Guest post by Scott Morgan
Going through a divorce can be a very traumatic experience. You feel like your world is collapsing, so it is hard to think clearly. It is important that you do not lose your health insurance coverage. You never know when you might become sick or insured and need medical attention; therefore, health insurance is crucial to avoid huge medical bills. If you are going through a divorce, here are a few options to consider in order to keep your health insurance coverage.
If a company or business that has over 20 employees employs your spouse, you might qualify a program to keep your health insurance coverage. COBRA, or Consolidated Omnibus Budget Reconciliation Act, permits you to keep heath insurance if a situation arises in which you might lose coverage. This plan could allow you to maintain coverage for three years after your divorce. You must pay premiums, and you could be required to pay additional fees. You need to inform your administrator within 60 days following your divorce, and he will inform you about your right to elect a continuation of coverage.
Obtain Coverage through your own Employer
Even if you qualify for COBRA, it could be cheaper to purchase health insurance coverage through your own employer. If you were not working, chances are that you will need to get a job in order to support yourself. You need to talk to your employer about health insurance plans that are offered. You can then purchase health insurance through your employer, and you will maintain health insurance coverage.
Purchase Individual Insurance
If your health is good and you do not smoke, you will probably qualify for individual health insurance. You can find numerous affordable plans with low deductibles. Search online and find a reputable provider that offers quality medical insurance. In some cases, the court will consider the cost you pay in health insurance when determining alimony payments.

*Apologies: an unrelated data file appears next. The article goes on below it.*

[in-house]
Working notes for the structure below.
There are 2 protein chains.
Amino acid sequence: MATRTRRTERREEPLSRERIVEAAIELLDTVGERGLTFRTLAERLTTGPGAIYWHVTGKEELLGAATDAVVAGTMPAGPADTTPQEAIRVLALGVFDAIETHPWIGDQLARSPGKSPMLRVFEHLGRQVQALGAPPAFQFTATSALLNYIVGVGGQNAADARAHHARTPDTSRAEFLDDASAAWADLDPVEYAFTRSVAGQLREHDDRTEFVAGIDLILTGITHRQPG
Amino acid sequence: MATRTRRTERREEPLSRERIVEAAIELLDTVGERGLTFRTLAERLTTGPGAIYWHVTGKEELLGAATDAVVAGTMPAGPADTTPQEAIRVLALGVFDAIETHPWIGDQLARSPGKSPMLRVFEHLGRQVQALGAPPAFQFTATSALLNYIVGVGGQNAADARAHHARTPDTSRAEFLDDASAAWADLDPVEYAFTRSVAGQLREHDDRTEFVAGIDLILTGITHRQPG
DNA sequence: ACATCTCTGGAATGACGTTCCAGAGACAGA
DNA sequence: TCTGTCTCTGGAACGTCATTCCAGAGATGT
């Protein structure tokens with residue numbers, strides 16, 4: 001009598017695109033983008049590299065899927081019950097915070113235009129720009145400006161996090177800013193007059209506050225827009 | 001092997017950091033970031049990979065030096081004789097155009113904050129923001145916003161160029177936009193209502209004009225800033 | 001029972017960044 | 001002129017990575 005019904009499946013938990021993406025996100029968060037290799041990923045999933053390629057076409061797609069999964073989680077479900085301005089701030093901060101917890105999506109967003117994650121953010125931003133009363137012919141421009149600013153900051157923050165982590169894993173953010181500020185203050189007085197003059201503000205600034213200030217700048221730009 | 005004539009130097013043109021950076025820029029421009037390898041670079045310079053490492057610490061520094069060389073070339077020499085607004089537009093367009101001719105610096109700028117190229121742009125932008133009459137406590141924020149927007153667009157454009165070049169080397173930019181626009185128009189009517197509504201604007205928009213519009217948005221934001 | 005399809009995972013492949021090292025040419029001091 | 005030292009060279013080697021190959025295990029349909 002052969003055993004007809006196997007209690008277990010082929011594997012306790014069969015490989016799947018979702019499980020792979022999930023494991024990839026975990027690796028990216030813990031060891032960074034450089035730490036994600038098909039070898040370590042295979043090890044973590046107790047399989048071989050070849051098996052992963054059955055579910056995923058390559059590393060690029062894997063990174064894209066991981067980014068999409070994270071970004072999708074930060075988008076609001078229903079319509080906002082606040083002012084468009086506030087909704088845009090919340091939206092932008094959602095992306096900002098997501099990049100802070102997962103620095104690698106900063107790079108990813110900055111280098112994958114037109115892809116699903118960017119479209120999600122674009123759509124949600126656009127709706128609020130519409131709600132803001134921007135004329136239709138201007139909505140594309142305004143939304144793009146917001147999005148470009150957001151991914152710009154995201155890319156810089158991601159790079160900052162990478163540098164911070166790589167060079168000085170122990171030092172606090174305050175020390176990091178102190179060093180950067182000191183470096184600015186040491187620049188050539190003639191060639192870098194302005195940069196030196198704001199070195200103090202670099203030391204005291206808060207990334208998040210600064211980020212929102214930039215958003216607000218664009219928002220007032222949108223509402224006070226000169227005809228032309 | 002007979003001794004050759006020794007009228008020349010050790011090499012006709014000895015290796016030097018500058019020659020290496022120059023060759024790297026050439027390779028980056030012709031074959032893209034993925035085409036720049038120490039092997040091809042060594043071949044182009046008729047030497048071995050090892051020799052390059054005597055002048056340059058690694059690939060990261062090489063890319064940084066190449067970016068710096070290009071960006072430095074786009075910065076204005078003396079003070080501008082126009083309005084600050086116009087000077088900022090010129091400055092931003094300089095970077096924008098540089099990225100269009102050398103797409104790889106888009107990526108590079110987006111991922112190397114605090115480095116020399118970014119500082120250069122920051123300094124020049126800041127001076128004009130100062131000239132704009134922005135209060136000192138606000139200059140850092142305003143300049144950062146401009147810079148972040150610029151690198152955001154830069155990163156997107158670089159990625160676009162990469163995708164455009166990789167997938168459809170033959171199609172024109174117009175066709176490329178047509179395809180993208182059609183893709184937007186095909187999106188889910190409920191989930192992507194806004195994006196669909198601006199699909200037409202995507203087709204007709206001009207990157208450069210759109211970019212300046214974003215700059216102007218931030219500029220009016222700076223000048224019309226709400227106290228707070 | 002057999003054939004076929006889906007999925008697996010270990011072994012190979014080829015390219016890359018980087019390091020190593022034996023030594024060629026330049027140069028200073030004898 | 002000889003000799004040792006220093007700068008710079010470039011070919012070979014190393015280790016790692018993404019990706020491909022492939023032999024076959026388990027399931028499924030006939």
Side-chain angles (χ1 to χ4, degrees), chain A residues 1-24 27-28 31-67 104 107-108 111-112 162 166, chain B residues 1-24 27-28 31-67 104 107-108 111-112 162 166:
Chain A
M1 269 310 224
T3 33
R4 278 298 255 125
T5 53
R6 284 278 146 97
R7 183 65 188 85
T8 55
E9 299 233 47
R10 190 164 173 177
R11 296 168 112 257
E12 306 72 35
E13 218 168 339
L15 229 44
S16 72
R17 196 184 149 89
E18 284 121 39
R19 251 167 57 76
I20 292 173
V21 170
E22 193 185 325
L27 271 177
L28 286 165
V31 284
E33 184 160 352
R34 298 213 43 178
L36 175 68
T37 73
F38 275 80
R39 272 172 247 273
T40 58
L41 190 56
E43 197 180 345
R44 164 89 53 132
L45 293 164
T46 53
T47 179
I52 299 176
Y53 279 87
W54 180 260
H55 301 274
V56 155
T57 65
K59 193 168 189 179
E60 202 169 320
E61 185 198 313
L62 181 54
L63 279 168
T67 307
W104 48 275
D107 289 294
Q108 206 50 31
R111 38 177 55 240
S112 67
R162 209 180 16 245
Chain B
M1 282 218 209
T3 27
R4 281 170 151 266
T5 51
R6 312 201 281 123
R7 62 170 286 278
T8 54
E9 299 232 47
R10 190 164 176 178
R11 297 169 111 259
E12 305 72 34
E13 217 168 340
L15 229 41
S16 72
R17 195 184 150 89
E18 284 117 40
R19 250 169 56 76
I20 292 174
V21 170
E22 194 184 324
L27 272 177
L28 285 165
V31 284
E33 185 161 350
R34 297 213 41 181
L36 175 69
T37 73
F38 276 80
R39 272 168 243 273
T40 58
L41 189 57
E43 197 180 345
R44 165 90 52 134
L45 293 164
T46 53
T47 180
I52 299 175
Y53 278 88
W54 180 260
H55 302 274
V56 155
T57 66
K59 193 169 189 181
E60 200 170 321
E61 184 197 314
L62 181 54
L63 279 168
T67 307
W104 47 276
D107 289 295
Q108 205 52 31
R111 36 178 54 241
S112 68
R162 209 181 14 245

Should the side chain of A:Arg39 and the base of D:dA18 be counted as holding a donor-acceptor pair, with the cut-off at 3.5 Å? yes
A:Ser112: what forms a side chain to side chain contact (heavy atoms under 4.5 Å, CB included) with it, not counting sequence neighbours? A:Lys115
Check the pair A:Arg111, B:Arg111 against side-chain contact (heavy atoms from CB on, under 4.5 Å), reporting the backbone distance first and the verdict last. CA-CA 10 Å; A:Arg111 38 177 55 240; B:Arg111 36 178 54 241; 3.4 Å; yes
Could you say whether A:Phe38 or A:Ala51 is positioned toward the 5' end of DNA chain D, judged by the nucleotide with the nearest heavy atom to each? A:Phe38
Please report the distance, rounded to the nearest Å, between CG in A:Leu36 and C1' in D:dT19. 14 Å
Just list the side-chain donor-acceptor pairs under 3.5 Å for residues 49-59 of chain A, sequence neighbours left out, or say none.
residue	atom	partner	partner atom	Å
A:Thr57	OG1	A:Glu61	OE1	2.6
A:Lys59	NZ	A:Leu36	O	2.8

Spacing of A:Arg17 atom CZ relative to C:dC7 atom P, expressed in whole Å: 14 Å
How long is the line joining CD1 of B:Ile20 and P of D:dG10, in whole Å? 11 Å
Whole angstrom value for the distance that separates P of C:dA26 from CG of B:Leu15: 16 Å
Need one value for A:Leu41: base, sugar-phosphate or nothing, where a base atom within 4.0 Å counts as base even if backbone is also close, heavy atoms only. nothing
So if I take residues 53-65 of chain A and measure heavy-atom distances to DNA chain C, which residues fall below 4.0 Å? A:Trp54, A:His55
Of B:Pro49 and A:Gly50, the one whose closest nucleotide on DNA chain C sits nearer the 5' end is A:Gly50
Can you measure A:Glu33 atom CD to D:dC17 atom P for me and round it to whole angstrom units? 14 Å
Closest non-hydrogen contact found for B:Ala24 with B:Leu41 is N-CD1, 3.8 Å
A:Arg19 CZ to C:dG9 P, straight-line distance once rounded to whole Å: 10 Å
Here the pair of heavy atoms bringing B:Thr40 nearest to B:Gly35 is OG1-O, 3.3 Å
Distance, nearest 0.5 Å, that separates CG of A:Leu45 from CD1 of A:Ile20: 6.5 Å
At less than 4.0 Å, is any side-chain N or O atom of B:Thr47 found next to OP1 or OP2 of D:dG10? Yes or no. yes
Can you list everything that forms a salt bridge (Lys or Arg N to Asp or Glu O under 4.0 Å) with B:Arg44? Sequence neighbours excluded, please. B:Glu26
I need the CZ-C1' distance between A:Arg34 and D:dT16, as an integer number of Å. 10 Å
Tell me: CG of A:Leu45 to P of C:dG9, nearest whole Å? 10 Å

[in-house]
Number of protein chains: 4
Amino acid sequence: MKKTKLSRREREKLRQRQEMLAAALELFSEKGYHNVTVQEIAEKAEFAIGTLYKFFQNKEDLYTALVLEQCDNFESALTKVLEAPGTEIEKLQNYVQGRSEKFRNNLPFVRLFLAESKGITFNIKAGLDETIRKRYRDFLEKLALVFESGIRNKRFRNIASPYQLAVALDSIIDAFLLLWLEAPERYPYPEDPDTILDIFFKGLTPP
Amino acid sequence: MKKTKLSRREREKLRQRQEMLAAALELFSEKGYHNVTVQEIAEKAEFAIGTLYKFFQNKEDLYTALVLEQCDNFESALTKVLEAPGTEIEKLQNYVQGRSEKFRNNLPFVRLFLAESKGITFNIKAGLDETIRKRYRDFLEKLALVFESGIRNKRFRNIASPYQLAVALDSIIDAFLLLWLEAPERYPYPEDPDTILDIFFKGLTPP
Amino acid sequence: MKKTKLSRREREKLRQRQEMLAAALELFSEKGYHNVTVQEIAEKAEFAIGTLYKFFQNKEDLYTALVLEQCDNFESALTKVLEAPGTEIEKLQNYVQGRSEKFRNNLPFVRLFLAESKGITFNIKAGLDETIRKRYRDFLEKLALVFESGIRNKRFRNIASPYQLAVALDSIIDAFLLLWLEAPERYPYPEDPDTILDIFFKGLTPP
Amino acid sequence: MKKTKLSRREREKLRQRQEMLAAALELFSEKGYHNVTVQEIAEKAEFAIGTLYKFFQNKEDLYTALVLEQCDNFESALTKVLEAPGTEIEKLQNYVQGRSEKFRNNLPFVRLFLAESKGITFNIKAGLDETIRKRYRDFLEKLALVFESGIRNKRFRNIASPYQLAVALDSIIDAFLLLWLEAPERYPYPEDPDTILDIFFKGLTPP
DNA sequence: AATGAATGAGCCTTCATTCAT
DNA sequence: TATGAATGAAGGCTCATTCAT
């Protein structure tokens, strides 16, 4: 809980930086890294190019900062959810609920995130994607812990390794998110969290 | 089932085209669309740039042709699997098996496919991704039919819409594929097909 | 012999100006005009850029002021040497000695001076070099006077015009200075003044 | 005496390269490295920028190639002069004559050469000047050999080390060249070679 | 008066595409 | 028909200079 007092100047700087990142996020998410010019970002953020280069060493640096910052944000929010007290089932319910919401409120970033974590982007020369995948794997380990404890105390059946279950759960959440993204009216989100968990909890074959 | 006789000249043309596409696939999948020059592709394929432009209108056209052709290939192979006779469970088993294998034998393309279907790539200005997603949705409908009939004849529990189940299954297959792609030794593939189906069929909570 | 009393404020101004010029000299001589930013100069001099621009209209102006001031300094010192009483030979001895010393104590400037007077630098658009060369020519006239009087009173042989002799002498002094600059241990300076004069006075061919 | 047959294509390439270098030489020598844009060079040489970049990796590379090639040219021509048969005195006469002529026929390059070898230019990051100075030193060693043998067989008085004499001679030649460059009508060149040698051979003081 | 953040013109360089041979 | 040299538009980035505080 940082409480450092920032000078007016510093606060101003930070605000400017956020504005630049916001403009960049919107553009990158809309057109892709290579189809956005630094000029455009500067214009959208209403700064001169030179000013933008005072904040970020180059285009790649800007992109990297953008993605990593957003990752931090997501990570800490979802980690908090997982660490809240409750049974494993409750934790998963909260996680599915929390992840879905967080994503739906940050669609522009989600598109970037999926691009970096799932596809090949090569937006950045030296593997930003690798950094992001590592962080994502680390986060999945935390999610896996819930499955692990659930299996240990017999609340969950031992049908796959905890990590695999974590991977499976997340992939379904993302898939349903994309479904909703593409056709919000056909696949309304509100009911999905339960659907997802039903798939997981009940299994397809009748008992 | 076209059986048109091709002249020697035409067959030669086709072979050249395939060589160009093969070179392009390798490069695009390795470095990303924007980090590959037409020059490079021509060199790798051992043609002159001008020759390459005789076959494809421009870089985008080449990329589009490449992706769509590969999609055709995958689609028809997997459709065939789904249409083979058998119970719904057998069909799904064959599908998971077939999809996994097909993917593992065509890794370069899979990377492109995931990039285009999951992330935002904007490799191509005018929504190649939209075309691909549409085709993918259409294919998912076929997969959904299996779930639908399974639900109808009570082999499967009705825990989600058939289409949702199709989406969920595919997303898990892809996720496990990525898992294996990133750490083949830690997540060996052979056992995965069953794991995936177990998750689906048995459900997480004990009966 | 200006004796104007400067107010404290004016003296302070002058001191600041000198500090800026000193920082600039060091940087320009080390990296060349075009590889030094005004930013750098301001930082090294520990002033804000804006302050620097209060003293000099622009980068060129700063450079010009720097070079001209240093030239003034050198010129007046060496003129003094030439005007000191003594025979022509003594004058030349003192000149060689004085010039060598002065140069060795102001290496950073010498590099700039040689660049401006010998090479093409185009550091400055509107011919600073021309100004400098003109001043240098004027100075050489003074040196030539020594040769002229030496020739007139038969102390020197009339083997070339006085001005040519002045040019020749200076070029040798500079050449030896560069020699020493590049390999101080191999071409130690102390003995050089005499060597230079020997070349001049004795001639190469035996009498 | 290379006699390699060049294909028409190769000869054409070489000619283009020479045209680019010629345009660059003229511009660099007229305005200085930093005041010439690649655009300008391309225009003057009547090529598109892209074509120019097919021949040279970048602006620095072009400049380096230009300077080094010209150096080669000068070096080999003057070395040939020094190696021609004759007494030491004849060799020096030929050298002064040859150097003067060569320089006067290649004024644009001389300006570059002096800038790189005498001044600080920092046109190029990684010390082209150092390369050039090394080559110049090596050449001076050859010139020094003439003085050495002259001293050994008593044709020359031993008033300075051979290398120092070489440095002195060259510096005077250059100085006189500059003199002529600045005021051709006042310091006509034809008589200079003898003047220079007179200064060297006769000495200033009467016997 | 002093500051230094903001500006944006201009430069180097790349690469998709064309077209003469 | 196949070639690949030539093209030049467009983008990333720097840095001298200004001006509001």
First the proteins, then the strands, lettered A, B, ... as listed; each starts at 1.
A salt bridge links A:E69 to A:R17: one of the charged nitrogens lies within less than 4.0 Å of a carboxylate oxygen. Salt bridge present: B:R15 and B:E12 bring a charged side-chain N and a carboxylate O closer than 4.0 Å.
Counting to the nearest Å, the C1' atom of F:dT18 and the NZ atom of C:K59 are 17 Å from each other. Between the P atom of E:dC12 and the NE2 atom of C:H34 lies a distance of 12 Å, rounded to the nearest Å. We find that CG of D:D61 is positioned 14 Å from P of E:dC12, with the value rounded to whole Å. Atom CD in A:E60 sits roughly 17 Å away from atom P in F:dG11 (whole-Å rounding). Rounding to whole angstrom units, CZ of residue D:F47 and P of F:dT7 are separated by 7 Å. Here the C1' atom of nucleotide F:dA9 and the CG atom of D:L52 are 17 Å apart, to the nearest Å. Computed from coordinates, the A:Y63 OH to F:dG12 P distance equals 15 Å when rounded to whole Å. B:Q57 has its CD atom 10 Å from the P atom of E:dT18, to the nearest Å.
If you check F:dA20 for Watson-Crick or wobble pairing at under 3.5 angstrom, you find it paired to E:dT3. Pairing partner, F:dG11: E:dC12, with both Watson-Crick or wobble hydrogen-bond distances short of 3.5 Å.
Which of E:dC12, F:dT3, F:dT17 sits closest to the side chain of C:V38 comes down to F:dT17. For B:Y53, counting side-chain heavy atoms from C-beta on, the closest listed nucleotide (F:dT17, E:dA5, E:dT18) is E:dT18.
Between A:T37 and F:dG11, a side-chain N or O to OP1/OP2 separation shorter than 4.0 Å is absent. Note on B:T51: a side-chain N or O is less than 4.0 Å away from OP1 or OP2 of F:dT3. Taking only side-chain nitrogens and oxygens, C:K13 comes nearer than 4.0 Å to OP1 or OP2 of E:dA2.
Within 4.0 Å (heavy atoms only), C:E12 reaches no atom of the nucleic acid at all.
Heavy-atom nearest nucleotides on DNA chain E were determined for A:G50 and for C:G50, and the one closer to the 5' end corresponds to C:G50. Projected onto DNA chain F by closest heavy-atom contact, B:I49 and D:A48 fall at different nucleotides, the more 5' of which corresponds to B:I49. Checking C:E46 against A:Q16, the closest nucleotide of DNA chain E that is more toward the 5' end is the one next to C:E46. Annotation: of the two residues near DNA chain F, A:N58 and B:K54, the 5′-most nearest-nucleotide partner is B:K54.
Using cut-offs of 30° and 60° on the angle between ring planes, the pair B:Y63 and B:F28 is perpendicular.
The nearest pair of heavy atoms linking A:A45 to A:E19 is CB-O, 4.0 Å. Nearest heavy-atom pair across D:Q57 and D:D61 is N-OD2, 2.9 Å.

If you cannot afford health insurance coverage after divorce, you might be eligible for Medicaid. The program was established to allow all people access to health insurance. Some of the requirements in order to qualify for Medicaid include:
- You must be a United States citizen
- You must have children under 18 or be pregnant
- You must meet the income qualifications
Each state will differ on Medicaid requirements, so you need to check the laws in your state to see if you qualify. If you are pregnant, you will need have proof that you are carrying a child.
Negotiate Reimbursement of Premium Cost in the Divorce Settlement
When going through a divorce, you probably have hired a lawyer to protect your rights. You might be able to negotiate health insurance coverage. Your lawyer could be able to make sure your health insurance coverage is maintained.
It is important to keep your health insurance coverage. Therefore, you need to take the proper steps and research your options to ensure that you will have medical insurance.
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